Francis Rodier, researcher recipient of a Cancer Research Society Operating Grant and his colleague Anne-Marie Mes-Masson, both researchers at the CRCHUM and professors at the Université de Montréal, discovered a way to outsmart ovarian epithelial cancer cells with their “one two punch” approach. Working on cells from ovarian cancer patients, the team discovered that cancer cell enter cellular senesecence phase after a chemotherapy treatment involving PARP inhibitors, an enzyme that causes cancer cells death by keeping them from repairing their DNA and Proliferating.
Dr. Francis Rodier and his team has discovered a therapeutic combination named « one two punch », which forces epithelial ovarian cancer cells to age maturely and keeps them from proliferating, thus causing their death.
“In the case of epithelial ovarian cancer (EOC)—the most common and lethal ovarian cancer—we act in two stages. First, we force the cancer cells to age prematurely i.e., we force them into senescence. This is the first therapeutic punch. We throw our second punch using senolysis, destroying and eliminating them. This strategy requires excellent coordination of the two steps,”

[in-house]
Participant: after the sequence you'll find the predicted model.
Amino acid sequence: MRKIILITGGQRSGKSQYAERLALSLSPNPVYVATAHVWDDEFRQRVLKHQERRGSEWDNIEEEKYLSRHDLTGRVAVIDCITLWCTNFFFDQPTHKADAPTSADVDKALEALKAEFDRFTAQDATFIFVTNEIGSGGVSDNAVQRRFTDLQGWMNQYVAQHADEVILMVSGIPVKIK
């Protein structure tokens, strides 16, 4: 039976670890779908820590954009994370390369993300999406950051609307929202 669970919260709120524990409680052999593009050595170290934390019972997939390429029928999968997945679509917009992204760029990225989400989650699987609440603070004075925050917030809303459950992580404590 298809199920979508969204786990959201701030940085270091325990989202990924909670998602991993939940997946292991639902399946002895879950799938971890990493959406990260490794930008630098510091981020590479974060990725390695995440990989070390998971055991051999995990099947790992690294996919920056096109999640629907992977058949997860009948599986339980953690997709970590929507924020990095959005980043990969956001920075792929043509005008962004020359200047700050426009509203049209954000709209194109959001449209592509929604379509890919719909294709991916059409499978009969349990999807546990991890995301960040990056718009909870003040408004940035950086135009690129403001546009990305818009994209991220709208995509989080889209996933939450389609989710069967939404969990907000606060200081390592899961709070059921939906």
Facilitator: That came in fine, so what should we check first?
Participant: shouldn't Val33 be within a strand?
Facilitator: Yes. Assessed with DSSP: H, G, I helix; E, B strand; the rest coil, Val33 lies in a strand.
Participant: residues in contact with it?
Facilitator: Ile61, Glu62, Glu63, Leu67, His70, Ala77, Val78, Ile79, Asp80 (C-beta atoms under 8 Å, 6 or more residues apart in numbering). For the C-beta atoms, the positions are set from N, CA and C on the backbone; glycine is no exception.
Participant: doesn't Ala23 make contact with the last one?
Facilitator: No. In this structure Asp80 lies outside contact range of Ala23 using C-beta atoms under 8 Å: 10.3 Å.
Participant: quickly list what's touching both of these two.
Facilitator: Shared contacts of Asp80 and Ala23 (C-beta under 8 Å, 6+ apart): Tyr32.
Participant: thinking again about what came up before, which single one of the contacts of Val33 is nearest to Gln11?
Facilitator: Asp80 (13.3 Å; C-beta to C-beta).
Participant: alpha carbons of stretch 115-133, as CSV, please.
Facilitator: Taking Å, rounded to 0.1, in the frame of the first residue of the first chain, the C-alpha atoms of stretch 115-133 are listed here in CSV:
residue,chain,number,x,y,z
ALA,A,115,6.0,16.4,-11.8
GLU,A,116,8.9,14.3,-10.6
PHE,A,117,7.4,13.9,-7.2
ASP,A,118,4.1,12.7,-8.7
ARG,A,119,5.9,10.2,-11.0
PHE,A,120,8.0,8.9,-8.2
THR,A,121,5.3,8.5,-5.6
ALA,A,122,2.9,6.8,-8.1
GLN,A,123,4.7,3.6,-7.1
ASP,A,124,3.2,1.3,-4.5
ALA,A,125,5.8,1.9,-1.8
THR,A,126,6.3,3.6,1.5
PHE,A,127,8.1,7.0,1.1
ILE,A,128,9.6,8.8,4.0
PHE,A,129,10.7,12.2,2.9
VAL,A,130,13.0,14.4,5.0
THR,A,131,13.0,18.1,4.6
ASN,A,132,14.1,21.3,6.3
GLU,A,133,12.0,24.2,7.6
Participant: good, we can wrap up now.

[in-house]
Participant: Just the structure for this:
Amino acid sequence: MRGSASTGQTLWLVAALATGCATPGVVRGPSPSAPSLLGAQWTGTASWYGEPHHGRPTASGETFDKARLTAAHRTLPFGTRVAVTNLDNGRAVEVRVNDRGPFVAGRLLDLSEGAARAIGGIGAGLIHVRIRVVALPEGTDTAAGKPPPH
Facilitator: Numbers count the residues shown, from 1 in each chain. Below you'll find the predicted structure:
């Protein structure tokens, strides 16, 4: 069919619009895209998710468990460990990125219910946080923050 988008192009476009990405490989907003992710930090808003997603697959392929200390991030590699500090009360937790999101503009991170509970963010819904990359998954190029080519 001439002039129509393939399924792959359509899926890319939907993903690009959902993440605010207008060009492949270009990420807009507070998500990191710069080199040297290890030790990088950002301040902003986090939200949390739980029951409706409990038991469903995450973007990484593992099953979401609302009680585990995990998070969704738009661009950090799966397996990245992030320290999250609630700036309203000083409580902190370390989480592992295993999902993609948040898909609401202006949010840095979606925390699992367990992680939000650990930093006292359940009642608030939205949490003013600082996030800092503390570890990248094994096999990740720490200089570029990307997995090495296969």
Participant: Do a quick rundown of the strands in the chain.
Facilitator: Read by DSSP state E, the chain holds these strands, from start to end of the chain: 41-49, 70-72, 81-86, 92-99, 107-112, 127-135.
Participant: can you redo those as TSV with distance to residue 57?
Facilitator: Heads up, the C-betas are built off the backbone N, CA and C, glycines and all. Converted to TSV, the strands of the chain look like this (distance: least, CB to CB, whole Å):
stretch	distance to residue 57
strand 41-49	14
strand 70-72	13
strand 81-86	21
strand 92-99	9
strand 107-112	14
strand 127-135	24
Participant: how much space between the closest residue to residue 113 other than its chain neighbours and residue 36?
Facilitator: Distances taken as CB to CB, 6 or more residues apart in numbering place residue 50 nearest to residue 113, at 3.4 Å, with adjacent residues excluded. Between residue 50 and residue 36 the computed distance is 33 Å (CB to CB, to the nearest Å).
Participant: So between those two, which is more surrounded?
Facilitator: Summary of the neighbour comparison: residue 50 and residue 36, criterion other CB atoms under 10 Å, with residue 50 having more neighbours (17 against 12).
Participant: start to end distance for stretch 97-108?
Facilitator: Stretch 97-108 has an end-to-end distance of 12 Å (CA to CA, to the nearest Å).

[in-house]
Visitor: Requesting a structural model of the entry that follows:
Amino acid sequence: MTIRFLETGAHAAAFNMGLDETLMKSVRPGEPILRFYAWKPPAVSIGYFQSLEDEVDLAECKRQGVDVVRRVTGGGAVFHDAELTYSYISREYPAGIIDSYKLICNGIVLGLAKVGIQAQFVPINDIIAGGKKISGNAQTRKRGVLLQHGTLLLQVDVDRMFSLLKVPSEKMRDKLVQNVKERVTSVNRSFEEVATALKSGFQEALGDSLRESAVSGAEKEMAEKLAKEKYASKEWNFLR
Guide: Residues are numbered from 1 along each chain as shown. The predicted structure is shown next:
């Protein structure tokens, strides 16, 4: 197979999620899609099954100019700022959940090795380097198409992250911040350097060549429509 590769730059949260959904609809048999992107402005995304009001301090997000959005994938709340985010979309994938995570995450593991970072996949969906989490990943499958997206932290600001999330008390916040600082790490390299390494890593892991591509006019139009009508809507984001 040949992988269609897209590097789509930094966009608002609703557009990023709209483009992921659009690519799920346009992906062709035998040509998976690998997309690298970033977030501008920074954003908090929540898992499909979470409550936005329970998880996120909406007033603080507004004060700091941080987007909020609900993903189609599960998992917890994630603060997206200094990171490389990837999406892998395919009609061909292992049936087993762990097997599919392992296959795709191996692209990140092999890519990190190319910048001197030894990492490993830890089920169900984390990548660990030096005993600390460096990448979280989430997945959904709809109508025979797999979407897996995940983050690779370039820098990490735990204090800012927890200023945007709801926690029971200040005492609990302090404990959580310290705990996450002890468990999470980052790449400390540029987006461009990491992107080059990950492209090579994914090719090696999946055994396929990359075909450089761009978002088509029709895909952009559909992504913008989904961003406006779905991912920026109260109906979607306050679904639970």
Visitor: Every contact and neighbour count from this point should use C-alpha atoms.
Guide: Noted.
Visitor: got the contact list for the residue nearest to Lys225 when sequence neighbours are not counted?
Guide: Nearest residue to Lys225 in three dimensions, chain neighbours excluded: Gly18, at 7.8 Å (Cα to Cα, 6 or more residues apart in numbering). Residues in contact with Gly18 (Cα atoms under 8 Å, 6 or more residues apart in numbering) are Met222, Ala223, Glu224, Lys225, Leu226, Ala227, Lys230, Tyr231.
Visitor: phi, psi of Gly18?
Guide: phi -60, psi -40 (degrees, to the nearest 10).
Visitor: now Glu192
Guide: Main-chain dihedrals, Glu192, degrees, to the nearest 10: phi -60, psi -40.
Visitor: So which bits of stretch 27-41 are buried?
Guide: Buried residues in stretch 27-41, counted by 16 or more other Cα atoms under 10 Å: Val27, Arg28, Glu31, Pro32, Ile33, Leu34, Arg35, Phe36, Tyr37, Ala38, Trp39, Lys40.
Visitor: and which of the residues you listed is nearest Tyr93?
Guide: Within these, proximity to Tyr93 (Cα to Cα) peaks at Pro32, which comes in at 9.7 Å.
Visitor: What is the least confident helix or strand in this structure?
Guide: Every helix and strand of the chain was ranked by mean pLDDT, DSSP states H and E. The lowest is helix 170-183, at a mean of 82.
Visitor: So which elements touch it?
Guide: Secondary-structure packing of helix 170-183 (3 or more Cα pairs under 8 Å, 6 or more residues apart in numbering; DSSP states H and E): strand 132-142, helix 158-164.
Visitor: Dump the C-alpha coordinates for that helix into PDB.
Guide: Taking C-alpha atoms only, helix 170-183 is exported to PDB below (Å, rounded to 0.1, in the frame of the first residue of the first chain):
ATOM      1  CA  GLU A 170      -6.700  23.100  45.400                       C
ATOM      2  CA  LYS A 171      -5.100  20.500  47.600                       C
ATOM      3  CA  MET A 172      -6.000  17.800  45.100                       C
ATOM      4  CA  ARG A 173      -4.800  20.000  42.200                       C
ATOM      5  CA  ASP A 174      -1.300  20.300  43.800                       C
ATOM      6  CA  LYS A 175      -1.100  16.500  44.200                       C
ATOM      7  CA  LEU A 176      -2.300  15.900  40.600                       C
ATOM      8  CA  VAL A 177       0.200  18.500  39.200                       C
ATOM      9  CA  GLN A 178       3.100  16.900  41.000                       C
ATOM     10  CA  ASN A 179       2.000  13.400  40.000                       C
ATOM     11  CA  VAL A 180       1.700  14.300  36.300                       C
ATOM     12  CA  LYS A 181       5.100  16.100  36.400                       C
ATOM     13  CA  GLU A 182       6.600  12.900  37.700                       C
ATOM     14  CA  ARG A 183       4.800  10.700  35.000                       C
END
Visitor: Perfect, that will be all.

The Cancer Research Society funds highly promising research projects undertaken by Canada’s best scientists. Following a rigorous peer review selection process, about 150 researchers are thus able to advance scientific knowledge to improve cancer prevention, detection and treatments, through various funding programs. These programs are based on scientific excellence, support to new generations of scientists, support to promising underfunded research avenues and partnerships with great impact potential. Since its inception, the Cancer Research Society has thus contributed to major advances in oncology, helping position Canada at the forefront of cancer research in the world.
To learn more about the researchers funded by the Cancer Research Society and their impact in the community, discover the stories behind them on outsmartcancer.ca